The same can happen for you! All of the benefits of Romans 5-8 can be put on your account through grace and faith in Jesus Christ. You can be “born-again” to a whole new way of life.
I encourage you to read these chapters in the book of Romans very slowly with a pen or highlighter in hand. If these things are not happening in you, it’s time to place personal faith in Jesus Christ and invite Him into your life.
Daily Bible Commentary By Terry Baxter: Cofounder of GoServ Global

Righteousness Put On Our Account: Romans 4:22-25

Righteousness Put On Our Account: Romans 4:22-25
“22) Therefore ALSO IT WAS RECKONED TO HIM AS RIGHTEOUSNESS. 23) Now not for his sake only was it written that it was reckoned to him, 24) but for our sake also, to whom it will be reckoned, as those who believe in Him who raised Jesus our Lord from the dead, 25) He who was delivered over because of our transgressions, and was raised because of our justification.” ‭‭Romans‬ ‭4:22-25‬
Some translations use a different word for “reckoned.” Another version of the New American Standard Version uses the word “credited.” The Revised Standard Version says “counted to him.” The idea is that the work of Jesus Christ is transferred to our account through faith in Christ. It is reckoned or credited to us by faith. He becomes both the payment of our sin debt and the basis of our righteousness standing before God. We no longer try to gain God’s acceptance by our own merit.
In this context, Paul is trying to illustrate that the gospel is received by the same kind of faith that Abraham had. We believe in the death, burial and resurrection of Jesus Christ on our behalf. “23) He was delivered up because our our transgressions, and was raised because of our justification.” The moment we put our faith in Him, everything He accomplished is credited to us.
I recognize there is lot about Jesus Christ we need to accept by faith. Everything from His virgin birth, His being the sinless Son of God, and His being the Lamb of God Who takes away the sins of the world are all part of the Gospel story. John 1:1-4 includes His true identity as the Creator, and 1 Corinthians 15:12-22 includes the fact of His Resurrection.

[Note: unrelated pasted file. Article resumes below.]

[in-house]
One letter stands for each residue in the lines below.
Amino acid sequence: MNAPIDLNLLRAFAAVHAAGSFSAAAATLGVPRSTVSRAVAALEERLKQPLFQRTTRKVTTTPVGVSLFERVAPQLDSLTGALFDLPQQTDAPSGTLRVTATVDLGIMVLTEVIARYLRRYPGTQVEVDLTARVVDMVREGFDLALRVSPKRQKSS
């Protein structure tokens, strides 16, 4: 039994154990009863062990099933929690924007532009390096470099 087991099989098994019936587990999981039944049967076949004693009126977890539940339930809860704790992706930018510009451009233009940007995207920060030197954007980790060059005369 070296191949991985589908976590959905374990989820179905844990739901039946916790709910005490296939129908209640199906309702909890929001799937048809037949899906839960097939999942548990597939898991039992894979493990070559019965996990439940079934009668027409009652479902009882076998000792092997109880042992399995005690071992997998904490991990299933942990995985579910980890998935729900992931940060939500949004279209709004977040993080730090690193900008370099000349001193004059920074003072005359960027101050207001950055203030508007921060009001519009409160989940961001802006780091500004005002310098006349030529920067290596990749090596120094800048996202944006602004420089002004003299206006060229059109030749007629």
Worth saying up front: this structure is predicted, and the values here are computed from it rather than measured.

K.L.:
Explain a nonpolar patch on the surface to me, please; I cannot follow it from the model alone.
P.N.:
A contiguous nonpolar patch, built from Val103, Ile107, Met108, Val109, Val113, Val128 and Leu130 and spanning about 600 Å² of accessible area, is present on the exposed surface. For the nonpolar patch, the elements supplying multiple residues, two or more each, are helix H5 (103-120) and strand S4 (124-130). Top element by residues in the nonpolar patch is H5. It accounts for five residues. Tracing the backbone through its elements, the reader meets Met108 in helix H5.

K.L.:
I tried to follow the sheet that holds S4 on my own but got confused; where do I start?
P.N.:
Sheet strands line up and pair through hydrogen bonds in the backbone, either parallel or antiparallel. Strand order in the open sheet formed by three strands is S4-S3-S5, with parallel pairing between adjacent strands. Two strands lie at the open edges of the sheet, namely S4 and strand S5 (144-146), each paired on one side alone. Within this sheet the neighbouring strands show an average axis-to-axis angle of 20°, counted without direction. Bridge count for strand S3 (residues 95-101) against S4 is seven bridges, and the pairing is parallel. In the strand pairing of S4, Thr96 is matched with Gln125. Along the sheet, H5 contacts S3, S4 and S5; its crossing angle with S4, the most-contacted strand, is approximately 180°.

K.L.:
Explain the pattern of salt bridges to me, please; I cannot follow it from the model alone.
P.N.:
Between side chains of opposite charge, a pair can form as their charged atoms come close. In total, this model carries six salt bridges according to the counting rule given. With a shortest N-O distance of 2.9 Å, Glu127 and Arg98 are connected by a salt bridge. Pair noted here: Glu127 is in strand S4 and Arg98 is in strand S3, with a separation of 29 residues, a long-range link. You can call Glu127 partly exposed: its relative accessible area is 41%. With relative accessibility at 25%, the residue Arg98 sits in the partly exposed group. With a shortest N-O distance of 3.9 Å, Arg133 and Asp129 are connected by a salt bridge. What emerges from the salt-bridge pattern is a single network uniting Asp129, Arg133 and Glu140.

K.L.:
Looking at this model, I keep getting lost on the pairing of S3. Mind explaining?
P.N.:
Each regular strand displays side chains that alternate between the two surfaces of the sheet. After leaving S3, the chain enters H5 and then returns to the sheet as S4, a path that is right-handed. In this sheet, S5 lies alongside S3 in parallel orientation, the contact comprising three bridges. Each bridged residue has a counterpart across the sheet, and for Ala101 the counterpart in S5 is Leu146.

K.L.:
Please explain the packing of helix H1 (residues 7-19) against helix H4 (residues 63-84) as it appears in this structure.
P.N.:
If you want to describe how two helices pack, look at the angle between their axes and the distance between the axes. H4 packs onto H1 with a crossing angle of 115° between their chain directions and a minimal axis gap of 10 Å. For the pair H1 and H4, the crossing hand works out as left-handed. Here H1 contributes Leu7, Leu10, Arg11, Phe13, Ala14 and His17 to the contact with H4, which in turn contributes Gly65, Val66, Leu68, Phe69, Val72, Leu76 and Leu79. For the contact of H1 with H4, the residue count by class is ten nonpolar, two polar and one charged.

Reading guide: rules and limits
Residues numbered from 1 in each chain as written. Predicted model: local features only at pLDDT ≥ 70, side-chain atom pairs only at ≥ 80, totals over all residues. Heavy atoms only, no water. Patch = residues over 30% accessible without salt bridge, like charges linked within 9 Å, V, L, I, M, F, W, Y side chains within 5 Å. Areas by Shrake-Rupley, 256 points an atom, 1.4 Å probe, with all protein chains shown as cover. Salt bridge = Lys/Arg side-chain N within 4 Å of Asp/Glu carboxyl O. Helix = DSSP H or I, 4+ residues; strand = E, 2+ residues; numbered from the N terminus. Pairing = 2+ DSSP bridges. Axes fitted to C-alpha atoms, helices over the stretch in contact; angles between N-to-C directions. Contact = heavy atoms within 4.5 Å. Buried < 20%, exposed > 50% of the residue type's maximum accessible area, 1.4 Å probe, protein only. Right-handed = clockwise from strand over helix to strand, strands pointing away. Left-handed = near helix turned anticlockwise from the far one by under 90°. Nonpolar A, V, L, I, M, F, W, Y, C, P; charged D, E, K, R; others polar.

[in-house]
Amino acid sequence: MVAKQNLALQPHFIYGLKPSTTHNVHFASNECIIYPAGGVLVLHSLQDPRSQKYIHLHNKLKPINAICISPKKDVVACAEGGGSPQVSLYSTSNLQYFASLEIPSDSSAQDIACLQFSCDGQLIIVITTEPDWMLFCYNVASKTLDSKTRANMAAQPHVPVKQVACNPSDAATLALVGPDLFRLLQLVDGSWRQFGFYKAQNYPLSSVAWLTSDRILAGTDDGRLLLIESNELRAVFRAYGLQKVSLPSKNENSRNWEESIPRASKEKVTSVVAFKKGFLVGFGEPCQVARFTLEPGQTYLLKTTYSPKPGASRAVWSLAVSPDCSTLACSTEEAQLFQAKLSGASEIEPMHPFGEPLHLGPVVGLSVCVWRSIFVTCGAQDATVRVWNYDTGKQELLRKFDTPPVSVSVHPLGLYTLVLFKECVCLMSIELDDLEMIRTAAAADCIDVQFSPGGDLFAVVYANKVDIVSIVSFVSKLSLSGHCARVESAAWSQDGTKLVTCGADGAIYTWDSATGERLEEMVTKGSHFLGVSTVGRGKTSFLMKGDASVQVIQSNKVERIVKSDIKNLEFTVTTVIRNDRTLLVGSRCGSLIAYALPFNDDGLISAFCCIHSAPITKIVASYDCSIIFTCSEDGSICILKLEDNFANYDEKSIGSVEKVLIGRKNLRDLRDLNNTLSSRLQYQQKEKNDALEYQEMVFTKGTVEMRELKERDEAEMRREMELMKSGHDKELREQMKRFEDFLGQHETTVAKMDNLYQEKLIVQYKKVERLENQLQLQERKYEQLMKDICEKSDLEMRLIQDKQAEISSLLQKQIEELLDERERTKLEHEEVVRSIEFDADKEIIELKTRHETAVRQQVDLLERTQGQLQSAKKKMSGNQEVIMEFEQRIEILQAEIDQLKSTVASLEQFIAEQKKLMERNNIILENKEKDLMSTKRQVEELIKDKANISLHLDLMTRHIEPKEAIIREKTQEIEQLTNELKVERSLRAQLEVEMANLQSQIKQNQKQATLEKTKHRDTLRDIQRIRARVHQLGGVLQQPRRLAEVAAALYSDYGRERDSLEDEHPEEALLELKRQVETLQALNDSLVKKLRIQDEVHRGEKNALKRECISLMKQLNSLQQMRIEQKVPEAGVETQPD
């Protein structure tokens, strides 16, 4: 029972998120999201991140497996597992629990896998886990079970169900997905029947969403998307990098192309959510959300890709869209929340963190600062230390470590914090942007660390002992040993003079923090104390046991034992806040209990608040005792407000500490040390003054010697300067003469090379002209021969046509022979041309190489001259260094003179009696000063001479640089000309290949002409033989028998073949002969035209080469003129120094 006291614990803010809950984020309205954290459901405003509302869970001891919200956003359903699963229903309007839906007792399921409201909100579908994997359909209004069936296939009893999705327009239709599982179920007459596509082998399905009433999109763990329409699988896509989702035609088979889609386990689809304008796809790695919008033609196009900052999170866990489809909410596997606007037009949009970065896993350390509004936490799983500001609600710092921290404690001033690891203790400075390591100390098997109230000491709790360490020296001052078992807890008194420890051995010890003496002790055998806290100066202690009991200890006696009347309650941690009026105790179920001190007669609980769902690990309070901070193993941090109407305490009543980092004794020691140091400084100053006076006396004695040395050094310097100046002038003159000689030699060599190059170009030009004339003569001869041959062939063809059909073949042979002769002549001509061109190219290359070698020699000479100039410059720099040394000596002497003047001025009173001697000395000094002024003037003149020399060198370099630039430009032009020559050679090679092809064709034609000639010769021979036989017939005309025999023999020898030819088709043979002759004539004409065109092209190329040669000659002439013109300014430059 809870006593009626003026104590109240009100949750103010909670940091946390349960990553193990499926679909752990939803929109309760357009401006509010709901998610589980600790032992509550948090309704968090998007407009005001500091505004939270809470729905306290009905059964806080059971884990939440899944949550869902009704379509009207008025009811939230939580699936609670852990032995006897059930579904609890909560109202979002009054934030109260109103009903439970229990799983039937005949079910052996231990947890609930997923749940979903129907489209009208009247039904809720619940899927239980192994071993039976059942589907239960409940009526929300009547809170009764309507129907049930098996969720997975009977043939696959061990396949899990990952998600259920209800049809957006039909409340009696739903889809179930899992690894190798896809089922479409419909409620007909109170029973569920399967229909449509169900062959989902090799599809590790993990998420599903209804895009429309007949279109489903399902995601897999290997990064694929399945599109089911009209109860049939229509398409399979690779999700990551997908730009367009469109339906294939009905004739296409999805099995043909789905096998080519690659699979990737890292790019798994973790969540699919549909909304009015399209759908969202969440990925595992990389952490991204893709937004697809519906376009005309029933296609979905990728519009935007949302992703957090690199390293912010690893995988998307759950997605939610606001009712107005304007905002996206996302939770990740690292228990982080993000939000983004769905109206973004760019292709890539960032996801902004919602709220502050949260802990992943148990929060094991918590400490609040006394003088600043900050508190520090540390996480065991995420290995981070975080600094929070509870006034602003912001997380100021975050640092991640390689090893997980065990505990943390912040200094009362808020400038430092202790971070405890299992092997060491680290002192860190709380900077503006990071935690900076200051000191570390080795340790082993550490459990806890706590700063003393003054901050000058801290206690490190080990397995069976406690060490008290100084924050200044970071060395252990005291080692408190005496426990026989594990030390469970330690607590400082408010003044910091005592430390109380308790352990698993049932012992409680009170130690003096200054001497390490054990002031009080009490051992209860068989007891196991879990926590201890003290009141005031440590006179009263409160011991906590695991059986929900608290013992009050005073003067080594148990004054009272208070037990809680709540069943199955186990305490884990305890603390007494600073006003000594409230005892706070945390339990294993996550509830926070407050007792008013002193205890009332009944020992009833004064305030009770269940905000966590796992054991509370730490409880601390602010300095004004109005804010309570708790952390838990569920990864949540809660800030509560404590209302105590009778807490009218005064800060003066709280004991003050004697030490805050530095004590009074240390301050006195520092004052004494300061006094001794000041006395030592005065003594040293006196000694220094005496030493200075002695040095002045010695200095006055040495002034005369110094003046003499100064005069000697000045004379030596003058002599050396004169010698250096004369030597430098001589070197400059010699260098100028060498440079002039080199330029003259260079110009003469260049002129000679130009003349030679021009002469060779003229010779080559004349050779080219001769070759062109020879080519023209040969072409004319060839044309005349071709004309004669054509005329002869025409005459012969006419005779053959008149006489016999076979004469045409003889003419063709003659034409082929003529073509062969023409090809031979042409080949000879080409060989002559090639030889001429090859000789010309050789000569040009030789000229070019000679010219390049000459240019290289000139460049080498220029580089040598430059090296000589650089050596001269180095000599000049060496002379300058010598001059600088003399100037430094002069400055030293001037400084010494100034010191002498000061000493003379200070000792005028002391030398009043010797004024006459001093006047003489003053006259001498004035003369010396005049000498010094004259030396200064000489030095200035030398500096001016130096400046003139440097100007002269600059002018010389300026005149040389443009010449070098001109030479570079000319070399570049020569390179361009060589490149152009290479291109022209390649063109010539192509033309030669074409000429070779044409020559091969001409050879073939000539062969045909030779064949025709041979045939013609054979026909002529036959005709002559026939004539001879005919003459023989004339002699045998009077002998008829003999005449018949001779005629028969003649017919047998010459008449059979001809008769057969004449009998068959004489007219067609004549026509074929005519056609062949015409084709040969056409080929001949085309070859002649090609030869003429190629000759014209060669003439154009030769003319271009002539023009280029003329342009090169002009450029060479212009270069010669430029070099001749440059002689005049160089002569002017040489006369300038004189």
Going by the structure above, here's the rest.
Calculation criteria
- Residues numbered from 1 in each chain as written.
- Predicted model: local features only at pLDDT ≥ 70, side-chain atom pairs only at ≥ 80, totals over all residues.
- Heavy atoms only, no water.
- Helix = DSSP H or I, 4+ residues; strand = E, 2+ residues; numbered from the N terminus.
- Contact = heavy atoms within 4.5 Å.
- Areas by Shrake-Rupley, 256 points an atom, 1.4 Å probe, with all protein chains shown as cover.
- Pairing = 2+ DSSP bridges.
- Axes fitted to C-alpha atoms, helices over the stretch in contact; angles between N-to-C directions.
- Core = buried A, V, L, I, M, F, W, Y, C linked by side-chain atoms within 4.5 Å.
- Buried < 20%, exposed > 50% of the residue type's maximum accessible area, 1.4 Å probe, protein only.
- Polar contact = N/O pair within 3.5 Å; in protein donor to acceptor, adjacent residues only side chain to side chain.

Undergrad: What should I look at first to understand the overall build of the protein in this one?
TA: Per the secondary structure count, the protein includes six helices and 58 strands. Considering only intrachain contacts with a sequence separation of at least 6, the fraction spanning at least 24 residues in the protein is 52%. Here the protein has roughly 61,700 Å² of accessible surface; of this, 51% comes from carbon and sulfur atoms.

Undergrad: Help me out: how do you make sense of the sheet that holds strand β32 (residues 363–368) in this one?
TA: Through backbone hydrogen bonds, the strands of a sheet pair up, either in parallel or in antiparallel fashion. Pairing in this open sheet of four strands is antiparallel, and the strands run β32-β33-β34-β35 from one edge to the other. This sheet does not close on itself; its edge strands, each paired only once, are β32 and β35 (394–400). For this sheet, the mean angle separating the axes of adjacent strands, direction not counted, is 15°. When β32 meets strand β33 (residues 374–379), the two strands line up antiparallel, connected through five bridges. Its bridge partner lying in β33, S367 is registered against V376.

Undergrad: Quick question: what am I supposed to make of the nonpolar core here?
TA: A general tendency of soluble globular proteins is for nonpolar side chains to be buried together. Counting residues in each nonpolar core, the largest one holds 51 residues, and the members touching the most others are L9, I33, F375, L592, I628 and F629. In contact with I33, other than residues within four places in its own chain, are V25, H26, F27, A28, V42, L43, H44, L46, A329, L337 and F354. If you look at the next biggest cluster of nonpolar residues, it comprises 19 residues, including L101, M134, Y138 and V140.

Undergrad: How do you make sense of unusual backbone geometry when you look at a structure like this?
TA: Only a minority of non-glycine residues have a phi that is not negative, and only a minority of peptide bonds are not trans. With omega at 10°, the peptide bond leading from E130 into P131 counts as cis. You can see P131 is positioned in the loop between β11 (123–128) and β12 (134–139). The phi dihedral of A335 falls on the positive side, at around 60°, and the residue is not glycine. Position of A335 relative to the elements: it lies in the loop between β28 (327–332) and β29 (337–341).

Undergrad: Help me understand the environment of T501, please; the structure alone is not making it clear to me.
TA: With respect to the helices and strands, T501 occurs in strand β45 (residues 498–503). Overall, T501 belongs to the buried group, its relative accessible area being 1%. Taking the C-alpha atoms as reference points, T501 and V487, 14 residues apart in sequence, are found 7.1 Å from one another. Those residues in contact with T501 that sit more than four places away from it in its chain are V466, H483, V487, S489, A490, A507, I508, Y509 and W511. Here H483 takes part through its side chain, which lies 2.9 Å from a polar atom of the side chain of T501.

The truth is that Jesus Christ was God doing for humanity what we cannot do for ourselves. We are not saved by our self effort, good deeds, religious activities or family heritage. We are saved by personal faith in Jesus Christ.
The whole story of Abraham was recorded for our sake. His character flaws, his struggles, his fleshly efforts and finally his total surrender to faith in God embodied exactly how we are saved and justified by faith. In the same way he finally came to simple faith in God, we also need to come to the place of putting our faith in Jesus Christ.
The miracle that followed next for Abraham was that he was justified by his faith in God and Isaac was born. The miracle that follows for us is that we are justified by our faith in Jesus Christ and we are born-again. A new life begins for us and all the benefits of being justified by faith become ours. Stay tuned, Paul begins to describe those benefits in the next chapter.
Daily Bible Commentary By Terry Baxter: Cofounder of GoServ Global

An Example of Saving Faith: Romans 4:17-22

An Example of Saving Faith: Romans 4:17-22
”17) … in the presence of Him whom he believed, even God, who gives life to the dead and calls into being that which does not exist. 18) In hope against hope he believed, so that he might become a father of many nations according to that which had been spoken, “SO SHALL YOUR DESCENDANTS BE.” 19) And Without becoming weak in faith he contemplated his own body, now as good as dead since he was about a hundred years old, and the deadness of Sarah’s womb; 20) yet, with respect to the promise of God, he did not waver in unbelief but grew strong in faith, giving glory to God, 21) and being fully assured that what God had promised, He was able also to perform. 22) Therefore also IT WAS CREDITED TO HIM AS RIGHTEOUSNESS.” Romans‬ ‭4:17-22‬ ‭
Living by faith in God has been denounced as being irrational, illogical, unreasonable and sometimes even reckless. Those charges are true only if God does not exist. But if God does exist, then ignoring Him and His Word is the utmost foolishness.
The above text says that when God spoke to Abraham about the promise of a son through Sarah, he took inventory and concluded that humanly speaking it was impossible. He was very rational about his plight. But then He took his eyes off from all of the odds stacked against him and instead began to fix his focus on God and His Divine power.
The text includes a list of some of his considerations and conclusions about God. From verse 17 we discover that He realized that God gives life to the dead, and calls into being what does not exist. Suddenly his plight seemed small compared to the God Who Created everything from nothing and then brought life into being. By the way, that is the distinguishing characteristic of the God of the Bible. He is the Creator God!